TALLAHASSEE, Fla. -- Since Jan. 1, thousands of acres in Florida
have been consumed by drought-induced wildfires, but although many
fires were still raging in central and northern counties, at press
time they were not a major threat to the larger tourist zones.
During Memorial Day weekend, 139 fires broke out, forestry
At press time, only minimal rain relief was in sight. While the
rain is welcome, accompanying lightning can set off new fires,
forestry officials warned.
One effect on tourism, according to a Visit Florida spokesman,
is that campfires have been banned statewide.
Also, some excursion boat operators must limit passenger numbers
to prevent scraping the boats' bottoms, as water levels have
lowered due to the drought, according to local newspaper
Officials at Orlando's theme parks said that no impact on
attendance from nationwide wildfire publicity has occurred.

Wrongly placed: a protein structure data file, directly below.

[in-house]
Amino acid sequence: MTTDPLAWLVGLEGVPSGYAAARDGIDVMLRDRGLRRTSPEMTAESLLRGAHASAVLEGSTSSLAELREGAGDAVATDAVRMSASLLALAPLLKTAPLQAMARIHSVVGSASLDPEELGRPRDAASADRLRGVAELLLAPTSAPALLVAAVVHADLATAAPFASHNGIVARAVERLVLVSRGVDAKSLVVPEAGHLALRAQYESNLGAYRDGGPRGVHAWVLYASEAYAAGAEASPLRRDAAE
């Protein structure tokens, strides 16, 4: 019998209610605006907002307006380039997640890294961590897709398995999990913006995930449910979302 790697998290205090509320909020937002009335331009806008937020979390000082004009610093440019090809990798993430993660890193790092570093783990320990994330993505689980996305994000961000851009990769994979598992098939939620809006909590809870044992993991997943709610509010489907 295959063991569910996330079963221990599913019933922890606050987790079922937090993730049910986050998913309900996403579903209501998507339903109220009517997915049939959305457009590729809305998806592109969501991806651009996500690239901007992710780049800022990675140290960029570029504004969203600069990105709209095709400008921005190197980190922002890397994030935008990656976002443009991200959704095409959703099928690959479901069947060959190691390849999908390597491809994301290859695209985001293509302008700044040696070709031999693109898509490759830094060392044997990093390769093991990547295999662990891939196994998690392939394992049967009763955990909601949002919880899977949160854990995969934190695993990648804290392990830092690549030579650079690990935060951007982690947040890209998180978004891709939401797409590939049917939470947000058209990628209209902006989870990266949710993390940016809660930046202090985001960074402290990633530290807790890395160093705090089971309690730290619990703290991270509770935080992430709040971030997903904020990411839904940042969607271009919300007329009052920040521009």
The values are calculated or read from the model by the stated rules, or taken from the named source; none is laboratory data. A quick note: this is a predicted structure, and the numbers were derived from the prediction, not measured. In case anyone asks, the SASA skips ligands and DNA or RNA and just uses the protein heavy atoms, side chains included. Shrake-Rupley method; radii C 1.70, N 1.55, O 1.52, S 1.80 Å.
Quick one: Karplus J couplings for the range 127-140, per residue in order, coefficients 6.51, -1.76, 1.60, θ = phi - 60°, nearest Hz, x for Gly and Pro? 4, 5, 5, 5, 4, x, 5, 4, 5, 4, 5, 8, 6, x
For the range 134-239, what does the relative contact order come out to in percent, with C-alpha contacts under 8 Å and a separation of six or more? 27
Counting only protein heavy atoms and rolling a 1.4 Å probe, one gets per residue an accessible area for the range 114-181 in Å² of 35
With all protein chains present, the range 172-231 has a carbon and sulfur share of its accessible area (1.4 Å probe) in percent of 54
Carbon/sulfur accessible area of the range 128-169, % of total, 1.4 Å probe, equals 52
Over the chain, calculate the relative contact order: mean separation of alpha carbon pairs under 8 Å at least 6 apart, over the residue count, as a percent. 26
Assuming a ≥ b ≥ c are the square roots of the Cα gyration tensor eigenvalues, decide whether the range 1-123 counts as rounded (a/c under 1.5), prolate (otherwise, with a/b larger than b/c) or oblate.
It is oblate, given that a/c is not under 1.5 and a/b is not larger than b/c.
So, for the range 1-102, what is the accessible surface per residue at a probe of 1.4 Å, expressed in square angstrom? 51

Fireworks at Walt Disney World and Sea World continue but with
On June 2, six accidents caused by smoke from wildfires forced
the closure of Interstate 95 for 14 miles between Titusville and
Recently the statewide average on the Keetch-Bryam Drought Index
was 629; a reading of 800 is equal to desert conditions.
Sixteen Florida counties posted more than 700, and 34 counties
A recently activated hot-link icon on the Visit Florida Web
site, www.flausa.com, connects users to the State of Florida
Emergency Operations Center's Web site, which also can be accessed
independently at www.dca.state.fl.us/eoc/.
Meanwhile, Gov. Jeb Bush activated a National Guard unit to
fight one fire and has made arrangements to request out-of-state
firefighting assistance, if necessary.
Florida's worst wildfire outbreak, in terms of slowing tourist
arrivals, occurred in spring and summer 1998.